Saving Grace: A Sense of Urgency – Interview

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The members of Saving Grace have been diligently working all year to place a sense of urgency into all of their actions. The metalcore Kiwi’s have been relentlessly touring and working on their latest album in 2013, making it their fourth full-length in five years. Their new record, The Urgency, proclaimed their most powerful yet, dives into more serious subject matter than ever before and exemplifies the growth the band has experienced over their careers. We got a chance to talk to four-fifths of Saving Grace about their much-anticipated upcoming release and their powerful message behind it all.

 

Substream Magazine: Hey guys! What have you been up to?

George White: Working and chilling, just got done recording. Feels good to have the album in the bag.

Nick Tautuhi: I’m off work with an injury at the moment, so I’ve been going through old show DVDs from when we first started, listening to some songs we haven’t played in years and years. It’s fun.

Vasely Sapunov: I’m currently working with our label and management on the marketing plan for the record. So, lots of late nights, press stuff and thousands of emails.

 

SM: A big part of Saving Grace is your commitment to your religion and a drug-free lifestyle. How does this affect how you write music and tour?

NT: I don’t know, I mean, my faith is pivotal in everything, or at least I like to think so. So it shapes me as a human being on every level, not simply as a musician. As for being straight-edge? It’s just a part of me now, I needn’t factor it in because it’s as natural to me as eating. It just is.

VS: Our faith and our message is the crux of our existence and the reason this band is still here after all these years. Being straight-edge for me personally means I don’t have to deal with hangovers on tour, it allows me to stay focused and clear-headed and if George and Shaun want to drink a beer after the show, Ross, Nick and I can be the sober drivers (laughs.)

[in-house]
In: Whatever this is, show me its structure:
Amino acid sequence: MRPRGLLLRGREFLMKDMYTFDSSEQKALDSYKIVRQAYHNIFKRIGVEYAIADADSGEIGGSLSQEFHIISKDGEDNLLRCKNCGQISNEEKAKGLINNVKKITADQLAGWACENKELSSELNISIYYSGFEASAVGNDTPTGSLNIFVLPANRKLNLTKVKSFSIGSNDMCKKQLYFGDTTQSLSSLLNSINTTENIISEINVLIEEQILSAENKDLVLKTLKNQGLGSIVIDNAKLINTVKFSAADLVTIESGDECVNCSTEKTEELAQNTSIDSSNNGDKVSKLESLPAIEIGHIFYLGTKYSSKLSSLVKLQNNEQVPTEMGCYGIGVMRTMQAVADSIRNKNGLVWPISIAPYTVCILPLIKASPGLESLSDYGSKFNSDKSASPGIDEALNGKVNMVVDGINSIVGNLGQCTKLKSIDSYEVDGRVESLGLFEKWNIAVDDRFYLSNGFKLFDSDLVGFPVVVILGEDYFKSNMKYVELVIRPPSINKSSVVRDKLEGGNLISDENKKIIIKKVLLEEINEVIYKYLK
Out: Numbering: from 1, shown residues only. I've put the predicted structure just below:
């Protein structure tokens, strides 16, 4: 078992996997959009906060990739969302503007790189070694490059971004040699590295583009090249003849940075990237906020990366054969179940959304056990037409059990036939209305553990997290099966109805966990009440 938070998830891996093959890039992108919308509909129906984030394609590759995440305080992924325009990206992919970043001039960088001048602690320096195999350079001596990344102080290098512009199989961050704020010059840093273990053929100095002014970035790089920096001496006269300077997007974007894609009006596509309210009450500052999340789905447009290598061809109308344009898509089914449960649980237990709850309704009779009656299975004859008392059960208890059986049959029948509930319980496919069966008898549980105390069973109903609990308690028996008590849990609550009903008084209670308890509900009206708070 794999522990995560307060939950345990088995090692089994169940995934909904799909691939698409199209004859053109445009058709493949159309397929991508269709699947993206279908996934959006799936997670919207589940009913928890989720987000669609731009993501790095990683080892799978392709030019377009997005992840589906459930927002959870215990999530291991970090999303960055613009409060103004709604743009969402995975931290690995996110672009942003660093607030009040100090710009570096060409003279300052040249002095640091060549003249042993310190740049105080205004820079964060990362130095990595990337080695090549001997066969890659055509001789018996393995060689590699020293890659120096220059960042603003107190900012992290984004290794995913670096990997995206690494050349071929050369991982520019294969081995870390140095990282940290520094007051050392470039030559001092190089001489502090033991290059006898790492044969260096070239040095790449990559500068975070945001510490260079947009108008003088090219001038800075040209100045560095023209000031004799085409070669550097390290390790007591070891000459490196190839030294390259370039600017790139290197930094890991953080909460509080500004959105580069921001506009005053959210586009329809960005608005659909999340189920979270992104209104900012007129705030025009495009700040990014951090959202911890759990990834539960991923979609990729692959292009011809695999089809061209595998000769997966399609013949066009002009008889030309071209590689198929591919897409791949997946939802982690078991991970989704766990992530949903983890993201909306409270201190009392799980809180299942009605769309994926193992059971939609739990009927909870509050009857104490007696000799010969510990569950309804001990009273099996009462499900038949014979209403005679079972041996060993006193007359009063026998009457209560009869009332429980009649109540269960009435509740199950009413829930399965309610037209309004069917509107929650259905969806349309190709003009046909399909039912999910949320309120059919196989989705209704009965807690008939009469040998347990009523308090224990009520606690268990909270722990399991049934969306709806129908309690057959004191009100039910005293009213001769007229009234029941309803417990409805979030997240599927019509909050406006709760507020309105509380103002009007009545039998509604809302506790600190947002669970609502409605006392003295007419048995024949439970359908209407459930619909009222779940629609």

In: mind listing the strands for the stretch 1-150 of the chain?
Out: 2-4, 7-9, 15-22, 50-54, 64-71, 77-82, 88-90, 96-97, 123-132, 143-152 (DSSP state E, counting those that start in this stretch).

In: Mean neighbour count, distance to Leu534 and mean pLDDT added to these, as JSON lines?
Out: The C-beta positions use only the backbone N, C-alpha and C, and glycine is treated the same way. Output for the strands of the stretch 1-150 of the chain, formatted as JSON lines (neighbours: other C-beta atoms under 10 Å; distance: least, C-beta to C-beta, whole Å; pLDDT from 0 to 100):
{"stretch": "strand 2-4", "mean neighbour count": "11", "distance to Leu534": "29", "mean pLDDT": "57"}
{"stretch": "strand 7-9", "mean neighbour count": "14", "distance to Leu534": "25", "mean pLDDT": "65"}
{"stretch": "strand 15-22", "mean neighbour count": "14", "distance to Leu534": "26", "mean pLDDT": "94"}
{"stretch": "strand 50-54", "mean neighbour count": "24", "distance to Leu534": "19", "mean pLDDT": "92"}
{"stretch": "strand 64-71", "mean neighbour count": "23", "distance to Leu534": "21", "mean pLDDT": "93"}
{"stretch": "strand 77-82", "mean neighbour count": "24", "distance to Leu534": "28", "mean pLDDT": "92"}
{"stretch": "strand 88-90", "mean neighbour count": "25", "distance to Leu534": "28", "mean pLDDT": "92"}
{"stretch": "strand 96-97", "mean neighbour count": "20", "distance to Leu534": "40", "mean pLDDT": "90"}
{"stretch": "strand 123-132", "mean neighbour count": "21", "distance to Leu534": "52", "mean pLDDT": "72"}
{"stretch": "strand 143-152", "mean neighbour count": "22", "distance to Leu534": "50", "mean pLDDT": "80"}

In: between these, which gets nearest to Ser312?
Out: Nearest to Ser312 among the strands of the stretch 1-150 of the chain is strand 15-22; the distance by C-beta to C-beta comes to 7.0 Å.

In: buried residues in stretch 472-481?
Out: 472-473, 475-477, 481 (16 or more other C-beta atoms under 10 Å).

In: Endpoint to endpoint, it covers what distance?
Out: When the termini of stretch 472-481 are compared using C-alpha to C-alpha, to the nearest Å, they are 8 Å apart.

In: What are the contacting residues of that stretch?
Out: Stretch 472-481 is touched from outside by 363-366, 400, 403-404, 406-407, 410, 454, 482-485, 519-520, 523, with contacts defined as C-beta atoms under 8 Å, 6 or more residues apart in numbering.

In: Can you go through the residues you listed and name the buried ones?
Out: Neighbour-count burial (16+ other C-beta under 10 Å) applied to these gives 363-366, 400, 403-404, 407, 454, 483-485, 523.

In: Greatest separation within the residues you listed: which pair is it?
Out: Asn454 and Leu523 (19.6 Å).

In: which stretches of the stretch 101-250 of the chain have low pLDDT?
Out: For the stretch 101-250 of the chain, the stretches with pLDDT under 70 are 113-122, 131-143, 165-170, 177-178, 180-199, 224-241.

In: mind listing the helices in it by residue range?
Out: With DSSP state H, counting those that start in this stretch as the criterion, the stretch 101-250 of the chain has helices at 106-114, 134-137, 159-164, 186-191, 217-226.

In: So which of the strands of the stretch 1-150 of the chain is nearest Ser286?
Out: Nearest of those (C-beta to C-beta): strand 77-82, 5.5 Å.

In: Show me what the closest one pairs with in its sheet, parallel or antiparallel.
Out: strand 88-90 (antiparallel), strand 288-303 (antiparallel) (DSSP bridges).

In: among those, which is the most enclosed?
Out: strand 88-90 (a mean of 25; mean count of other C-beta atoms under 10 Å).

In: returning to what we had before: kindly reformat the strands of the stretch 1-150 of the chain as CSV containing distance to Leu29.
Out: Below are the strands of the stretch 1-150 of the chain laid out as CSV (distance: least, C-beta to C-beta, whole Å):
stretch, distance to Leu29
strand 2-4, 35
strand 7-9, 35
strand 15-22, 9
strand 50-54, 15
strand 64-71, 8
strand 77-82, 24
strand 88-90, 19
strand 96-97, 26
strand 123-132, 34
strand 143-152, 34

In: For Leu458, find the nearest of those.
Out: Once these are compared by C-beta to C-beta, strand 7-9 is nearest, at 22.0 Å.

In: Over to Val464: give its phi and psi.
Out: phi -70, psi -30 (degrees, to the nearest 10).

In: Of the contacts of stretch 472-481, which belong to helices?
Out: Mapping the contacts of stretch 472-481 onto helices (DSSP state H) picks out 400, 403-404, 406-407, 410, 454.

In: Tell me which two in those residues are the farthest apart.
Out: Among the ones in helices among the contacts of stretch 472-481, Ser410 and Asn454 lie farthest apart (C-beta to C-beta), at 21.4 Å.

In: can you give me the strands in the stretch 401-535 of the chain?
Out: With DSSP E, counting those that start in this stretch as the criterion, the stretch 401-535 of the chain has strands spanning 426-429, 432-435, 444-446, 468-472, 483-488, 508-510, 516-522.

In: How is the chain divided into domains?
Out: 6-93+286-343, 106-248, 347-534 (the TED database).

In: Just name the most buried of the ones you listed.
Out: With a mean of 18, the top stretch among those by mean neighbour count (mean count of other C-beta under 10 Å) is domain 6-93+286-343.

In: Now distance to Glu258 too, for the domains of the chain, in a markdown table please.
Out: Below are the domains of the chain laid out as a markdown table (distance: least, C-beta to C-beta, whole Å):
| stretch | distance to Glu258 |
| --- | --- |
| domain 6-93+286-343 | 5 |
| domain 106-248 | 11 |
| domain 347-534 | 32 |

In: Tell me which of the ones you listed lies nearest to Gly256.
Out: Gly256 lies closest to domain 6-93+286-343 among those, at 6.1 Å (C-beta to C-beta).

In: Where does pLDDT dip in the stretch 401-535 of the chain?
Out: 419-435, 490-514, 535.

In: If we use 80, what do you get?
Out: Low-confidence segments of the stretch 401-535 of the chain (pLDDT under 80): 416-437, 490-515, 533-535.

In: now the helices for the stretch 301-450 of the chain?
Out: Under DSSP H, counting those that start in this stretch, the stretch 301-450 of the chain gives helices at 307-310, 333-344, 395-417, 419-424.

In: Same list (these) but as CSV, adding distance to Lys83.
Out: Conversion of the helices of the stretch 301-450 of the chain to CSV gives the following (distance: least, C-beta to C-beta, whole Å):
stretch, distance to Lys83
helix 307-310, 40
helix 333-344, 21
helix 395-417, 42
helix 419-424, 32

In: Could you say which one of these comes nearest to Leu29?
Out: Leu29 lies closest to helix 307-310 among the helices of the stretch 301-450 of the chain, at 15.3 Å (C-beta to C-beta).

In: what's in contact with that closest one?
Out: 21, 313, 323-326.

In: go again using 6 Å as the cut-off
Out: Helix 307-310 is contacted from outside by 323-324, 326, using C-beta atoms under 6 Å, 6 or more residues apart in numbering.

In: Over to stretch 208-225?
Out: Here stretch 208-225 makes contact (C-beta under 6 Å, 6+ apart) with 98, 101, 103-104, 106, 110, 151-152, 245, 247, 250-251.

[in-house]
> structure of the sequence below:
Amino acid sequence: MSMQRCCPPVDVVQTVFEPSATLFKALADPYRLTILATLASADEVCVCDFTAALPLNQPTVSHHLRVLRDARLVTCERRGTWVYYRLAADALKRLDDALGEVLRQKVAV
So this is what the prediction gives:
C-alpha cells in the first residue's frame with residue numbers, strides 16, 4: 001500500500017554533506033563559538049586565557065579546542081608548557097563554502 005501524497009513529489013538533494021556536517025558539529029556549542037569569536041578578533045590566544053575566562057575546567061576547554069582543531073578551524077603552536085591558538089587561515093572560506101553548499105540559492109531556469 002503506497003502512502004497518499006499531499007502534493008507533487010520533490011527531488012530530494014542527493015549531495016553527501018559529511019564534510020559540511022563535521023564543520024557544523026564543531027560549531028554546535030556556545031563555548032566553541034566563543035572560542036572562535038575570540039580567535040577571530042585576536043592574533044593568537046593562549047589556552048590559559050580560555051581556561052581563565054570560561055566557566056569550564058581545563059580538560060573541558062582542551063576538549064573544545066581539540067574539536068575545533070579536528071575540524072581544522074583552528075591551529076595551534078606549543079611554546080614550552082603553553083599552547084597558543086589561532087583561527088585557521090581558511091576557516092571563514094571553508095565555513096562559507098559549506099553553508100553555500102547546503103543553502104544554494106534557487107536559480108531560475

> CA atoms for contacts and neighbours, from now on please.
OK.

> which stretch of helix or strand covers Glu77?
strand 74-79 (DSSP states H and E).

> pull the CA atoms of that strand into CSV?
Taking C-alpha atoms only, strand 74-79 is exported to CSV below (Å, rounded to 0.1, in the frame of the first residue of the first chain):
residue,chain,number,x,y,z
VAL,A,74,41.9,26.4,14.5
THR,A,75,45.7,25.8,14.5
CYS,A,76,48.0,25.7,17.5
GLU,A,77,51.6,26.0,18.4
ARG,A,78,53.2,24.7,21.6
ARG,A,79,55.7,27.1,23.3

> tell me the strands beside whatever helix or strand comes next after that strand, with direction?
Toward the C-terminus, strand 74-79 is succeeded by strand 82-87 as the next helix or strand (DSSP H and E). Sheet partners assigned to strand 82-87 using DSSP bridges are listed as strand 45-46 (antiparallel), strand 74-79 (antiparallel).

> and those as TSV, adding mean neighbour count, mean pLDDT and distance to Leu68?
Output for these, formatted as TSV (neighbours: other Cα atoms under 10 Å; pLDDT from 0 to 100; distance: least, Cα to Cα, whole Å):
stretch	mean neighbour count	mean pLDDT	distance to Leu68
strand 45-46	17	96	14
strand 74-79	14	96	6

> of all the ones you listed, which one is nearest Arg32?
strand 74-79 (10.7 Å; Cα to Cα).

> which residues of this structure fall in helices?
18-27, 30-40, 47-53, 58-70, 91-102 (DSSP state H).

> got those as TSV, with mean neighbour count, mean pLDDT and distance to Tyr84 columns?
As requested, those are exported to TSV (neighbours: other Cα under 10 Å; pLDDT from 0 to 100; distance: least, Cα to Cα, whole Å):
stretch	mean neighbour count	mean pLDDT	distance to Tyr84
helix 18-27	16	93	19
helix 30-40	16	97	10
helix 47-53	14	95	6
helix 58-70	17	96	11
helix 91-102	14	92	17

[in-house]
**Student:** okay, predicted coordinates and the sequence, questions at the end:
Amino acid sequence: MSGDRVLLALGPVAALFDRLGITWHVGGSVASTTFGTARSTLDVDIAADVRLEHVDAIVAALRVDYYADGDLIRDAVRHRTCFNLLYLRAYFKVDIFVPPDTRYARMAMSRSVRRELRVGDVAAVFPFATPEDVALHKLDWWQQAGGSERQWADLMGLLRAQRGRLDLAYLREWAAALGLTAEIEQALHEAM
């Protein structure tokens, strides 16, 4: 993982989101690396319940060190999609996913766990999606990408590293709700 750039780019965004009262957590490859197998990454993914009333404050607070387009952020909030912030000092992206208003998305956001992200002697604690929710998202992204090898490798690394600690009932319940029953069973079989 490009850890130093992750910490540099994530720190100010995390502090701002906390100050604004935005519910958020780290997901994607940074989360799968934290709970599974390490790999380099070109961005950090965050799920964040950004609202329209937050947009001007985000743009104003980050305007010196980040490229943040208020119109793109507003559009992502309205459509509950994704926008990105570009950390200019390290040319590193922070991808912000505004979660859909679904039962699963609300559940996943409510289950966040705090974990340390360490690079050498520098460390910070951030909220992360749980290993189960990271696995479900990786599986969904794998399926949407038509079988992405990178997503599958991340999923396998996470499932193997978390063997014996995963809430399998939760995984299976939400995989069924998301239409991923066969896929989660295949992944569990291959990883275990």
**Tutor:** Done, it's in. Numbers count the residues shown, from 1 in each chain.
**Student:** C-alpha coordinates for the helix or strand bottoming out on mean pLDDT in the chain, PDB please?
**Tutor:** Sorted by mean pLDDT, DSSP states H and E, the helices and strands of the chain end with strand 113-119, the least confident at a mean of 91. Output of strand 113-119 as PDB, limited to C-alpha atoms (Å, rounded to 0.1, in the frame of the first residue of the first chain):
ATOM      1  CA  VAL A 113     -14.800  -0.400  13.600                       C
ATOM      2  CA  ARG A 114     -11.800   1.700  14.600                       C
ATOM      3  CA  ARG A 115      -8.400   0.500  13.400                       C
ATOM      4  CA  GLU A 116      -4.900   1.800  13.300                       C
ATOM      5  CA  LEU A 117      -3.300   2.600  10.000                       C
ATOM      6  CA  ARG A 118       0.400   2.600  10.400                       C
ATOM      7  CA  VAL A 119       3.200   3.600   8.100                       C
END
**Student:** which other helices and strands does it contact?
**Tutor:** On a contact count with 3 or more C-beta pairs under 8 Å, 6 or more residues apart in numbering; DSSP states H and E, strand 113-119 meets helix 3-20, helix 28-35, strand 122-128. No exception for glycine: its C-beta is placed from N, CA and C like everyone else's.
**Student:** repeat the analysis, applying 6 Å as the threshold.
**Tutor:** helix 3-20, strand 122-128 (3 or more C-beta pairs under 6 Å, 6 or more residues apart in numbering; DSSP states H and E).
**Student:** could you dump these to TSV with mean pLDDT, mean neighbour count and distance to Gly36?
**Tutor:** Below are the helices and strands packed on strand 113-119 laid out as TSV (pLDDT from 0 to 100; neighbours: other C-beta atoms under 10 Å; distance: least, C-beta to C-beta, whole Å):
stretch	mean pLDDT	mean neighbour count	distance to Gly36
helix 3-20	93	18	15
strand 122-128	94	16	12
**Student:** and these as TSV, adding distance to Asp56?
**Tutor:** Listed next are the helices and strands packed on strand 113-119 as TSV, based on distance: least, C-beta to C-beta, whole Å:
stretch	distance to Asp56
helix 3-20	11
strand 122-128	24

Ross McDougal: Promoting a drug-free lifestyle for me, through songs and lyrics, provides purpose and meaning to what we do, which I love. I cannot fathom struggling on the road and the tours that we’ve done without these aspects of our lives and over-arching messages. It’s molded who I am and it would feel like a disservice to promote, anything else.

 

SM: The band has been together for nearly a decade now. How have things changed from the beginning of your careers to today?

GW: We are definitely more established now, watching our fan base and support grow since back then has been mind blowing. It’s so humbling. And we are also better at writing tough riffs.

NT: Things have changed dramatically in nearly every way. I mean, spiritually, dynamically, sonically, geographically, you name it, it’s different. Ten years ago I was a boy. I’m a married man now. I’ve worked through a lot of my personal issues, things I have written about, I’ve grown and healed and matured and this in turn affects the band.